Just about everyone expects the Reserve Bank Governor to cut the base interest rate in his scheduled monetary statement on Thursday. If the cut is transmitted through trading banks to mortgage lending rates, it carries the risk of adding more fuel to house prices. But the Governor needs to keep New Zealand interest rates in line with those of the rest of the developed world, where economic growth remains elusive. Otherwise the dollar is likely to go higher, punishing our exporters.

That is the main reason for the cut. The stated reason will be inflation continues to be lower than the band of 1-3 per cent, the target the Government has set. Supposedly, the current annual rate of 0.4 per cent is "too low". Not so many years ago it was not considered so. Those old enough to remember the inflation of the 1970s and 1980s will question whether inflation can ever be too low, but the idea has taken hold in those countries still struggling for growth, that some inflation is not only good but necessary.

It may be helpful in places such as Japan where "deflation", a fall in the index of consumer prices, is blamed for inhibiting growth because, supposedly, consumers put off purchases knowing an item is likely to get cheaper. But Japan has been blaming deflation for its difficulties for a long time, and has been printing excess money in an attempt to inflate its economy for just as long. Printing too much money, delicately known as "quantitative easing", is not working very well anywhere. The United States economy started to improve when its Federal Reserve board decided to phase out the practice.

Monetary control through interest rates has proven very effective at bringing down inflation, not so good at reviving it - if that really is a wise thing to attempt. Inflation is not real growth, it is an illusion of growth. It lifts prices and incomes without increasing most people's real purchasing power.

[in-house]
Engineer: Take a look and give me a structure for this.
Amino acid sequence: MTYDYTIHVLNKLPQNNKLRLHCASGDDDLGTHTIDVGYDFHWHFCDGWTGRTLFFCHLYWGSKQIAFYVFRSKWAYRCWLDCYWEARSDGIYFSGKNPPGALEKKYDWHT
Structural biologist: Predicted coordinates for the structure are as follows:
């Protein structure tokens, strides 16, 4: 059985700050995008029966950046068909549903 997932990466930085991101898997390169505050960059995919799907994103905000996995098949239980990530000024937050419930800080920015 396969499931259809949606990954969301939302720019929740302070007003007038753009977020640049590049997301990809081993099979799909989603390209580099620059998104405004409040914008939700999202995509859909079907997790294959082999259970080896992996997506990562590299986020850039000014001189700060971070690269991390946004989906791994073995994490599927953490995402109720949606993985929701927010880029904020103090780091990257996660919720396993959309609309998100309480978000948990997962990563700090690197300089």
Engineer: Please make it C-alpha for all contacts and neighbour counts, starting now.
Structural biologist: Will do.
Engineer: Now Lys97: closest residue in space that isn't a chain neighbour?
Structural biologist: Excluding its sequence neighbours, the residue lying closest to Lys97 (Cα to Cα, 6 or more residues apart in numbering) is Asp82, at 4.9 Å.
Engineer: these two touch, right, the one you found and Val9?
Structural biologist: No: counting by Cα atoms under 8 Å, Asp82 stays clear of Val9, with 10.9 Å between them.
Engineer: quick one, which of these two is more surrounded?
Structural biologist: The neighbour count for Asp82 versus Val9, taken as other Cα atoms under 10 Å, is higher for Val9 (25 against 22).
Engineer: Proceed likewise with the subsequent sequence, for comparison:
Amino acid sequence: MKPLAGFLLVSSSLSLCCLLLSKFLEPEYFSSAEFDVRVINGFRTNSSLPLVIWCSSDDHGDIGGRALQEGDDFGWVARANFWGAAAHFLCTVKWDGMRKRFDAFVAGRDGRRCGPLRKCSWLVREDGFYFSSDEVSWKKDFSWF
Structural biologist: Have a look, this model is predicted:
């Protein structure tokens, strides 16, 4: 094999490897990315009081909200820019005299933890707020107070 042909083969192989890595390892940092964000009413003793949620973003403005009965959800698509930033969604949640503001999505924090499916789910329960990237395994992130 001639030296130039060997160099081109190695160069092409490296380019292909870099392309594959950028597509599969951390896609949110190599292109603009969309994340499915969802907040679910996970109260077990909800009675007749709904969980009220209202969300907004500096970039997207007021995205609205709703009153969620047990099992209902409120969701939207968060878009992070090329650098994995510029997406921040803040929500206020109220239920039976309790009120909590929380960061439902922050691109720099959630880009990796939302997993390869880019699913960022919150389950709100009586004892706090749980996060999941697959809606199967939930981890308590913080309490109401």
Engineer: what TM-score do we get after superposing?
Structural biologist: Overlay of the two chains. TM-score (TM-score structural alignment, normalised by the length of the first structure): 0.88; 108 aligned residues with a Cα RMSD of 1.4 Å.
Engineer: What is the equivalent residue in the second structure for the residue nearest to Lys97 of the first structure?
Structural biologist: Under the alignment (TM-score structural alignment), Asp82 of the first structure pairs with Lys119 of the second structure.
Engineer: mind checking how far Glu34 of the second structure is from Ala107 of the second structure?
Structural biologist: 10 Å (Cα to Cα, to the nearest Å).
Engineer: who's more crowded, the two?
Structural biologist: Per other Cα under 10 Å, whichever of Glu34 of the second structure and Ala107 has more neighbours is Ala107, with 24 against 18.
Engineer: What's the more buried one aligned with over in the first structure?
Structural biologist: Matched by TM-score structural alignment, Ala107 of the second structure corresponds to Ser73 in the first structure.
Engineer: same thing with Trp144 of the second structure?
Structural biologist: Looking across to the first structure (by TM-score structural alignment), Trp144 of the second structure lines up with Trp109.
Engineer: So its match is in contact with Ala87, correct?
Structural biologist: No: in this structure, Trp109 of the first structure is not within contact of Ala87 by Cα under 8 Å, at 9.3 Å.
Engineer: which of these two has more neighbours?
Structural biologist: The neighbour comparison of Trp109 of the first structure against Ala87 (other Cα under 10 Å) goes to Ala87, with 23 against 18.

In fact, since wage increases are likely to lag price rises, most people, most of the time, will be worse off. New Zealanders who have been there would not want to go back.

This country has no need to be dicing with inflation, and probably should not be lowering its interest rates when house price inflation is its main problem. The Reserve Bank may think it has given itself room to lower its official cash rate yet again by indicating recently it will tighten its loan-to-value ratios on bank lending to speculative house buyers. But it is too early to tell whether that move is slowing the market. The tighter ratio set last October had only a temporary effect. Even if it is working, it makes no sense to counteract its benefit by lowering interest rates.

The risk of a further rise in the dollar if interest rates are held would threaten lower returns for exporters but, dairy farmers apart, they appear to be doing well with the dollar already relatively high. The exchange rate reflects the truth: that this economy continues to grow more strongly than most.

House price inflation is its problem and lowering the cash rate could make it worse.